Triumph

When Joe Namath famously guaranteed that the New York Jets would beat the Baltimore Colts in Super Bowl III, no one could believe it. After all, the Jets were eighteen point underdogs. Yet, as he predicted, the Jets did win leading to one of the most iconic moments in football history. As Namath ran off the field, he raised his right arm and waved one finger celebrating the fact that he had won. That single picture proclaimed victory and triumph.

On the cross, Jesus had come to the end. His death was seconds away. But before He breathed His last, he managed to proclaim a word of triumph – tetelestai. This one word announced His victory. In English, we translate it as “It is finished” and it announced the work of redemption was done and Jesus had triumphed.

God’s plan of redemption didn’t begin at the cross. It didn’t begin in Pilate’s court or in Bethlehem. It didn’t begin in Babylon or Egypt or in the Garden of Eden. The Scriptures tell us that God’s plan of redemption began in eternity past (Ephesians 1).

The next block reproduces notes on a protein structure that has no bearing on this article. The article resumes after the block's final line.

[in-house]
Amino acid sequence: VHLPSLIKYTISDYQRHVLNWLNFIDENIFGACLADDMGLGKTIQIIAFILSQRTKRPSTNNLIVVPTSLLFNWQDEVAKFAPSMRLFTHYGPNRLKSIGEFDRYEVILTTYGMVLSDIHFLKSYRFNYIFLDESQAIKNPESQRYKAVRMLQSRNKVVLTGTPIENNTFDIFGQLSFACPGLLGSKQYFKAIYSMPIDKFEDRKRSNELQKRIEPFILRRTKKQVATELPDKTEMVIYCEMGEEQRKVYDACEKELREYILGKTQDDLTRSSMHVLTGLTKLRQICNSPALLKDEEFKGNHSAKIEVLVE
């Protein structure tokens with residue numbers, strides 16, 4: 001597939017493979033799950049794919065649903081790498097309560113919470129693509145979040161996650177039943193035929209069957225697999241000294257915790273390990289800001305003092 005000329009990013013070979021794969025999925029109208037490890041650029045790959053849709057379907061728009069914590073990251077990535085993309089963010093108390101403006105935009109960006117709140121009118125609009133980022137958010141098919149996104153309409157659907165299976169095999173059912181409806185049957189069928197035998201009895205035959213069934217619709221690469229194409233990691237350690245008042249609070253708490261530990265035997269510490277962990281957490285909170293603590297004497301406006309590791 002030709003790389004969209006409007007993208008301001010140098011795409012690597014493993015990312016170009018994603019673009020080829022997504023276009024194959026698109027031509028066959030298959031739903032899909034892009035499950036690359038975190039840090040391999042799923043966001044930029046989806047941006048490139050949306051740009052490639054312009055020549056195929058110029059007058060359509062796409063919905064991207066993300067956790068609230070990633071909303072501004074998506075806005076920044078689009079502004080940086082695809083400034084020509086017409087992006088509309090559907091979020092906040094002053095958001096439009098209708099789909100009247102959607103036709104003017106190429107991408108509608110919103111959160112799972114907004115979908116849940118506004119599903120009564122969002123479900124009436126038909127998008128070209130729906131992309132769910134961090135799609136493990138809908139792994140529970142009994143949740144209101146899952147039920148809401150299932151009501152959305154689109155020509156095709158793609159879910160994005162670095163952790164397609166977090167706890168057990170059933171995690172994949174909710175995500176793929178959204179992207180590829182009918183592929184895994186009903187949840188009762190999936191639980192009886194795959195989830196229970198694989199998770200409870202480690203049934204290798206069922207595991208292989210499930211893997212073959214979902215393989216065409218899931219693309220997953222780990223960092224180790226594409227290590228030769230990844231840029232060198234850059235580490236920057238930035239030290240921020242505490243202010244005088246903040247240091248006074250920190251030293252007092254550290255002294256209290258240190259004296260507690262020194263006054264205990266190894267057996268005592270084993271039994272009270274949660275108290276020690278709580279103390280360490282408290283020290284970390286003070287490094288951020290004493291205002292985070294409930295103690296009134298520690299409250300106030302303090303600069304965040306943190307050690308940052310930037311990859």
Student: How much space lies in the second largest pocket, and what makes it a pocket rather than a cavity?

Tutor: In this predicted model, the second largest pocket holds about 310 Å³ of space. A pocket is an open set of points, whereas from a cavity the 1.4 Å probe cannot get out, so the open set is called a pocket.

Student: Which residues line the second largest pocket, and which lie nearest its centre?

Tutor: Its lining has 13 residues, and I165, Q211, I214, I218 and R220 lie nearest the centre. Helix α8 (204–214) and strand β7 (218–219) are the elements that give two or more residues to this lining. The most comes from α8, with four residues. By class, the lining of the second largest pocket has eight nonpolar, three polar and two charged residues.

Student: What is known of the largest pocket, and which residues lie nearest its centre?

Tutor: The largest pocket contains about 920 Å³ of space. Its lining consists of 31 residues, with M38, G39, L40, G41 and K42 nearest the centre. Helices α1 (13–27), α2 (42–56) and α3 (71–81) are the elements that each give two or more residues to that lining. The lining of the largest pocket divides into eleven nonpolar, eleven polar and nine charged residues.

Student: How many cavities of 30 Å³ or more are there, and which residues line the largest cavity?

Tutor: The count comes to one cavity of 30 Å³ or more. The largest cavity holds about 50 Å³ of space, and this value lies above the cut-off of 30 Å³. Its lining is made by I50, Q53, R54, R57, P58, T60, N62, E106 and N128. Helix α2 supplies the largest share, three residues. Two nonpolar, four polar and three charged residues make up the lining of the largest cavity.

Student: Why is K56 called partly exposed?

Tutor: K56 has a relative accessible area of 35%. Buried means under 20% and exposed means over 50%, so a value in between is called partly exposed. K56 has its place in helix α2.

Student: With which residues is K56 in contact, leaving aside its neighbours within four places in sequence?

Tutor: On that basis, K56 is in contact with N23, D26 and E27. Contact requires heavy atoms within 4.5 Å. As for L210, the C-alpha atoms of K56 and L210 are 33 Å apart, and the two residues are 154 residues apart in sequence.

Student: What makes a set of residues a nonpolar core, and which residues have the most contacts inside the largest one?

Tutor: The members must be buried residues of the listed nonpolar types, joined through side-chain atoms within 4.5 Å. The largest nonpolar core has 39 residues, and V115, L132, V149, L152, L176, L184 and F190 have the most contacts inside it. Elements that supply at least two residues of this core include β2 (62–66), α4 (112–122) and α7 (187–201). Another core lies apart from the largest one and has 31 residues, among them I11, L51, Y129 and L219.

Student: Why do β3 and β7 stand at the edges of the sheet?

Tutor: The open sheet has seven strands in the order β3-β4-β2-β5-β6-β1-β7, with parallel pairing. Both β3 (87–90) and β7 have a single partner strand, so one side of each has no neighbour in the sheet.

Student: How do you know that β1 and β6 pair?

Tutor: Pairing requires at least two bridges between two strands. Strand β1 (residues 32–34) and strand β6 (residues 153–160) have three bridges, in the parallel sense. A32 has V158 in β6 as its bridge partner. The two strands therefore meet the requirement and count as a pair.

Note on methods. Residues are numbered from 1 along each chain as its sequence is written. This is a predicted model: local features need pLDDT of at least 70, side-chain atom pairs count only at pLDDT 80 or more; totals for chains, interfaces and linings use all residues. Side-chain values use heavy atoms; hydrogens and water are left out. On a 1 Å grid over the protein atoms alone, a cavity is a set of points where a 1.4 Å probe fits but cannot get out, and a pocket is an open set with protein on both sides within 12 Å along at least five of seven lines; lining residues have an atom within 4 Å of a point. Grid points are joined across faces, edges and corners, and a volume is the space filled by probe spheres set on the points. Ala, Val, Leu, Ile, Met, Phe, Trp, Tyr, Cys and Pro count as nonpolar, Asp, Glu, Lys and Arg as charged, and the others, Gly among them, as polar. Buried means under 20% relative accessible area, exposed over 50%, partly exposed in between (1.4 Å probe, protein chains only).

Now, with that said, God’s plan did unfold throughout history. God moved through the events of history, calling Abraham, delivering the people of Israel from captivity in Egypt, providing a king, preserving a remnant, becoming flesh and dwelling among us, living, dying, and rising again. But, let’s focus on the provision of the sacrifice and the role it played throughout that history.

We see the first sacrifice in the Garden (Genesis 3:21). But, just a few verses before that, there is a promise of One who will come and put an end to Satan, sin, and death (Genesis 3:15). As we move forward, the children of Israel have been relocated to Egypt, eventually enslaved, and then delivered under the leadership of Moses. During the Exodus, God comes to them and gives them the instructions for how they are to live. And, in doing so, He gives them instructions on a variety of sacrifices (Leviticus). These sacrifices were largely to be offered as a way to deal with the sins of God’s people. These sins had to be covered. God’s perfect righteousness…His holiness abhors sin. He cannot tolerate it. So, it must be atoned for…paid for through sacrifice. For hundreds of years, the blood of bulls, sheep, and goats brought temporary covering.